Activists and elected officials marched the three miles from the Suffolk County House of Corrections to the Massachusetts State House Monday morning in support of a moratorium on construction of a new women’s prison in Norfolk.
As a finale to seven days of similar marches done by the group, more than 100 people gathered on the State House steps, where those impacted by incarceration and their local representatives spoke to the need for restorative justice rather than more punitive institutions.
Representatives from the group Families for Justice as Healing — a group of formerly incarcerated women who now advocate for the abolition of the prison system — organized the event alongside the Boston chapter of Showing Up for Racial Justice (SURJ), the National Council for Incarcerated and Formerly Incarcerated Women and Girls, Massachusetts Peace Action and the Community Love Fund.
“We know that a prison or a jail will never be a place for a woman or girl to heal and advance her life, and we intend on ending incarceration of women and girls,” said Andrea James, the founder of the Roxbury-based Families for Justice as Healing and the executive director of the Nation Council for Incarcerated and Formerly Incarcerated Women and Girls. “And we’re starting right here in Massachusetts.”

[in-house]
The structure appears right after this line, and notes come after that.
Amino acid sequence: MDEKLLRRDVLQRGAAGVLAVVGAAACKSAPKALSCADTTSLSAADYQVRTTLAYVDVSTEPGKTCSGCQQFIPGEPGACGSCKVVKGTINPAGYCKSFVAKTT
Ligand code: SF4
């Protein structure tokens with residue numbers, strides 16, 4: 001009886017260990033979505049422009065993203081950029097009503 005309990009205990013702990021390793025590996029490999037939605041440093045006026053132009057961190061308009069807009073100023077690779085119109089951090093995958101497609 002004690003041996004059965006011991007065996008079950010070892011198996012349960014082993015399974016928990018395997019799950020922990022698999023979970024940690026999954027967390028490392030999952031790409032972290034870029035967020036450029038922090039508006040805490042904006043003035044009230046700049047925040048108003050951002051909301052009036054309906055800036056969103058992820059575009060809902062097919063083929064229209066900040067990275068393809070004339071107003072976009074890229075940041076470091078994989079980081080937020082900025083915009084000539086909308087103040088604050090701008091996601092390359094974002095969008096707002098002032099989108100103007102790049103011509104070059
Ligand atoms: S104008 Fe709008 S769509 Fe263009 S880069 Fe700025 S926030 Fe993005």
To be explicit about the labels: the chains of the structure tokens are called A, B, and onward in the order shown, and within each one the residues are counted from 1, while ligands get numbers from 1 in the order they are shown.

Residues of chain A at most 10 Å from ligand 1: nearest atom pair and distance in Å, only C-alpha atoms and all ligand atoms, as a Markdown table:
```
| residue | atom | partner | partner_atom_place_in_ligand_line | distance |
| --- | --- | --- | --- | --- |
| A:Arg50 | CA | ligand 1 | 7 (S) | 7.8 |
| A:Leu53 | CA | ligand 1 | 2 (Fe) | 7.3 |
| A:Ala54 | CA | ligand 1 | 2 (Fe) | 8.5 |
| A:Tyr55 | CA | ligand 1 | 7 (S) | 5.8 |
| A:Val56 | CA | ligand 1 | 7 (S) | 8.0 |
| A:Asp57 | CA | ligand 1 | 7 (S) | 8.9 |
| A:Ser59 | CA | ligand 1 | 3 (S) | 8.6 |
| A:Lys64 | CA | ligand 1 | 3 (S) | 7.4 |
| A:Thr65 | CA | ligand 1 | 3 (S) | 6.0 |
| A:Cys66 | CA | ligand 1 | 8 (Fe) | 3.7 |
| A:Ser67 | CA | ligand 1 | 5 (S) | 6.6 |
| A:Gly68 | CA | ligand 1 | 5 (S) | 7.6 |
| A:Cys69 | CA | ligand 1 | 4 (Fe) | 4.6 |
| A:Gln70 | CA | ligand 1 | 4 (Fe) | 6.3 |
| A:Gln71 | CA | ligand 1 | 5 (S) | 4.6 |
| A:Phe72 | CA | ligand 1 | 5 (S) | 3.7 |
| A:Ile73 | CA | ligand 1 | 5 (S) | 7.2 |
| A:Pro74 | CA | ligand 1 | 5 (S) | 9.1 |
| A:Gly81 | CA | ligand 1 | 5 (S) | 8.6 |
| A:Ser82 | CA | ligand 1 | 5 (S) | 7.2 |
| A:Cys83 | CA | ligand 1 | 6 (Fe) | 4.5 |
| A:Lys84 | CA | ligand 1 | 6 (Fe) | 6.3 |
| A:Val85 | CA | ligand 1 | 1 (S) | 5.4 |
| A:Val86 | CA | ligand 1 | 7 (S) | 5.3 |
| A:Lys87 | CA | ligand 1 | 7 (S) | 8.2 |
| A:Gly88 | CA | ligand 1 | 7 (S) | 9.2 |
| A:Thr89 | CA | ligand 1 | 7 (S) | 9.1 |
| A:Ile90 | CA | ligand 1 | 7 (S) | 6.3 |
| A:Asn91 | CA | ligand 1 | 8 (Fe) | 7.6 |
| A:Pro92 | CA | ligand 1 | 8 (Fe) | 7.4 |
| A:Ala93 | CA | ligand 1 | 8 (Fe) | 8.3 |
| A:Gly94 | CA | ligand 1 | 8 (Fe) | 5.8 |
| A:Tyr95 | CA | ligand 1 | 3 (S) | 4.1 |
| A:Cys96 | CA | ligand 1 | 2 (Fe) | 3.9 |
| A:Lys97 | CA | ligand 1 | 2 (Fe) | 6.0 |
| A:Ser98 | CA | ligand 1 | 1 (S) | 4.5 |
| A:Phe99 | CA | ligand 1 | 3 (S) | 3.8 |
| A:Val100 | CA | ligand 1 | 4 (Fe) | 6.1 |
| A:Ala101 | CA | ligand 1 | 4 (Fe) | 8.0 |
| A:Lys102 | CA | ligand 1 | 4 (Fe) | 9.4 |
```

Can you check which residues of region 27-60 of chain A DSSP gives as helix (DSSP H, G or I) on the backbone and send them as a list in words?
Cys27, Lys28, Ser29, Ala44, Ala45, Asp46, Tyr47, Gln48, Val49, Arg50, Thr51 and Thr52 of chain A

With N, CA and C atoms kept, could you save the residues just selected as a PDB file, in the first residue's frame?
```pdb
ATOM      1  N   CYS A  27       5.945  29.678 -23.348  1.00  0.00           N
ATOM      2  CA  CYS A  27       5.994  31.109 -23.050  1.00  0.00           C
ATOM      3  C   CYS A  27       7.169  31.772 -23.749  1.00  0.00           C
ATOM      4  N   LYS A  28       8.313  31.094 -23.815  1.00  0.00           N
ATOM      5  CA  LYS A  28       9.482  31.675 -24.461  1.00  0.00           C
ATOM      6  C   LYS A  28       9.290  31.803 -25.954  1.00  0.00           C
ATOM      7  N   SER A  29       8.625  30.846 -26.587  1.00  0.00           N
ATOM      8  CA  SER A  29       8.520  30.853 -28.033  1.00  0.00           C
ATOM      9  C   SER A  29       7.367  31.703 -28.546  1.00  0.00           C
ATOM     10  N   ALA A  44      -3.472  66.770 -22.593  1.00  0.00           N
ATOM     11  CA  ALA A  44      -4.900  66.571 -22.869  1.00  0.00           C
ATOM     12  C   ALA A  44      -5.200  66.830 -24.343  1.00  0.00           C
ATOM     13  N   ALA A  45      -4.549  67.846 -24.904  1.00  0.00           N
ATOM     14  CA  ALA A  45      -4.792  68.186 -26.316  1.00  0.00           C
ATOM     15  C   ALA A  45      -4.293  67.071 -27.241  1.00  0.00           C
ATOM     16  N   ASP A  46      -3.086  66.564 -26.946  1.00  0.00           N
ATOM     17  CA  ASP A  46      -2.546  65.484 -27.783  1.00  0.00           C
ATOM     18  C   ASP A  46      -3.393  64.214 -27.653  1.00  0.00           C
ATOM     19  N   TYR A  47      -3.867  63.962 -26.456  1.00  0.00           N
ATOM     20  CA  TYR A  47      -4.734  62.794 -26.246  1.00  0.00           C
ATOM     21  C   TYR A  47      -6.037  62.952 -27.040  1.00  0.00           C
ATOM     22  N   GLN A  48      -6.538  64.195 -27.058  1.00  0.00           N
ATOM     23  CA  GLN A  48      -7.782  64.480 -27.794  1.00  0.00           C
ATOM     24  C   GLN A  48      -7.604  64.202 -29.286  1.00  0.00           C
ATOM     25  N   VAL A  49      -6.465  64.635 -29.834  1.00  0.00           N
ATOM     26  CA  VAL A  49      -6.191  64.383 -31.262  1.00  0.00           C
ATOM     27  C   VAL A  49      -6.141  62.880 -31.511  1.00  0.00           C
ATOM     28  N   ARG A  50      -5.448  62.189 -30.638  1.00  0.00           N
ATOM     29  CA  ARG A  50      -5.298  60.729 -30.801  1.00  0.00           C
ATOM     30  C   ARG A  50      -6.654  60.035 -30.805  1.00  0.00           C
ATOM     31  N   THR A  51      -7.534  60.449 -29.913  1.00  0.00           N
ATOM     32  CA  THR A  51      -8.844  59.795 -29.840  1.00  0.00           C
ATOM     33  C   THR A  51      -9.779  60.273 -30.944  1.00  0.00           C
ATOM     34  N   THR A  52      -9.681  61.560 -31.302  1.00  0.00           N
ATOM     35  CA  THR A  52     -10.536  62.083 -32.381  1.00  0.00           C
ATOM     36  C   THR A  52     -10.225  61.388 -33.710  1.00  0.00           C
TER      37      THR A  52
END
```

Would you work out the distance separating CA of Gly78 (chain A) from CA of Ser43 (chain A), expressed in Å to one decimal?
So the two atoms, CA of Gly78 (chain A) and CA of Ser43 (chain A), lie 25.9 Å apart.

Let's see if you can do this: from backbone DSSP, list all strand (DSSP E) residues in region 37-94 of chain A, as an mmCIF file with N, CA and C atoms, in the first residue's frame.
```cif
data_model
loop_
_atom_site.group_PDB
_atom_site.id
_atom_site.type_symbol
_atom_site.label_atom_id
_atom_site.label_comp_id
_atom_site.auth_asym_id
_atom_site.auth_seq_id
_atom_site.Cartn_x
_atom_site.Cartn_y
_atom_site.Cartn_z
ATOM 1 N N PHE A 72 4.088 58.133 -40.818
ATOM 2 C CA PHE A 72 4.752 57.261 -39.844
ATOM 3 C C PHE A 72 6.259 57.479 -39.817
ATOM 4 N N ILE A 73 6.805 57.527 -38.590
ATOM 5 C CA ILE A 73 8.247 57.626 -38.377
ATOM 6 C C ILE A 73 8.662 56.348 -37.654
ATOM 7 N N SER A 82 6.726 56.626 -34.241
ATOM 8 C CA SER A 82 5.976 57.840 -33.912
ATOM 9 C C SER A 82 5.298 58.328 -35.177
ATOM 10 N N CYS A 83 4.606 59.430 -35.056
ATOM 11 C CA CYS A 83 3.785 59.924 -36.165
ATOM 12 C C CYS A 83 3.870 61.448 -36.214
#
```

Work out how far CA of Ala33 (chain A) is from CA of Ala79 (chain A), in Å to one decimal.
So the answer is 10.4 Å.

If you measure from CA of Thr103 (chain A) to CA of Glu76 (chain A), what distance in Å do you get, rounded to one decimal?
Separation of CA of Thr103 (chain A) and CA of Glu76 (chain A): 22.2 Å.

James served two years for wire fraud at Danbury, where she met fellow founding members of Families for Justice as Healing and hatched plans for reform. That was 11 years ago.
Since then, her organization and other offshoot organizations have taken on their cause in a two-fold manner — both by helping to provide resources and community to those returning home after serving time, but also by being vocal advocates for legislation to aid and heal communities harmed by incarceration.
In this latest action, the group walked across the Commonwealth, spreading the word about their cause and gathering signatures in support of moratorium legislation along the way. They began Tuesday, Sept. 7 with a rally and walk through Springfield, followed by six subsequent walks in the days following, culminating in the event at the State House.
The legislation, Senate Bill 2030 and House Bill 1905, proposed by Sen. Joanne M. Comerford and Rep. Chynah Tyler, respectively, looks to establish “an immediate prison and jail moratorium” on any and all proposed facilities “for the immediate preservation of the public safety and health.” The measures are reactionary, as the state moves forward with a bid from HDR architecture to build a new facility.
Justification for the project comes from the deteriorating state of MCI-Framingham, the oldest female corrections facility still operating in the United States. However, it’s still unclear what would happen to the Framingham prison when and if the new Norfolk building becomes a reality. In February of 2020, Commonwealth Magazine reported that the Baker administration planned to close the facility and transfer prisoners to Bay State Correctional Center, which currently only houses administrative offices.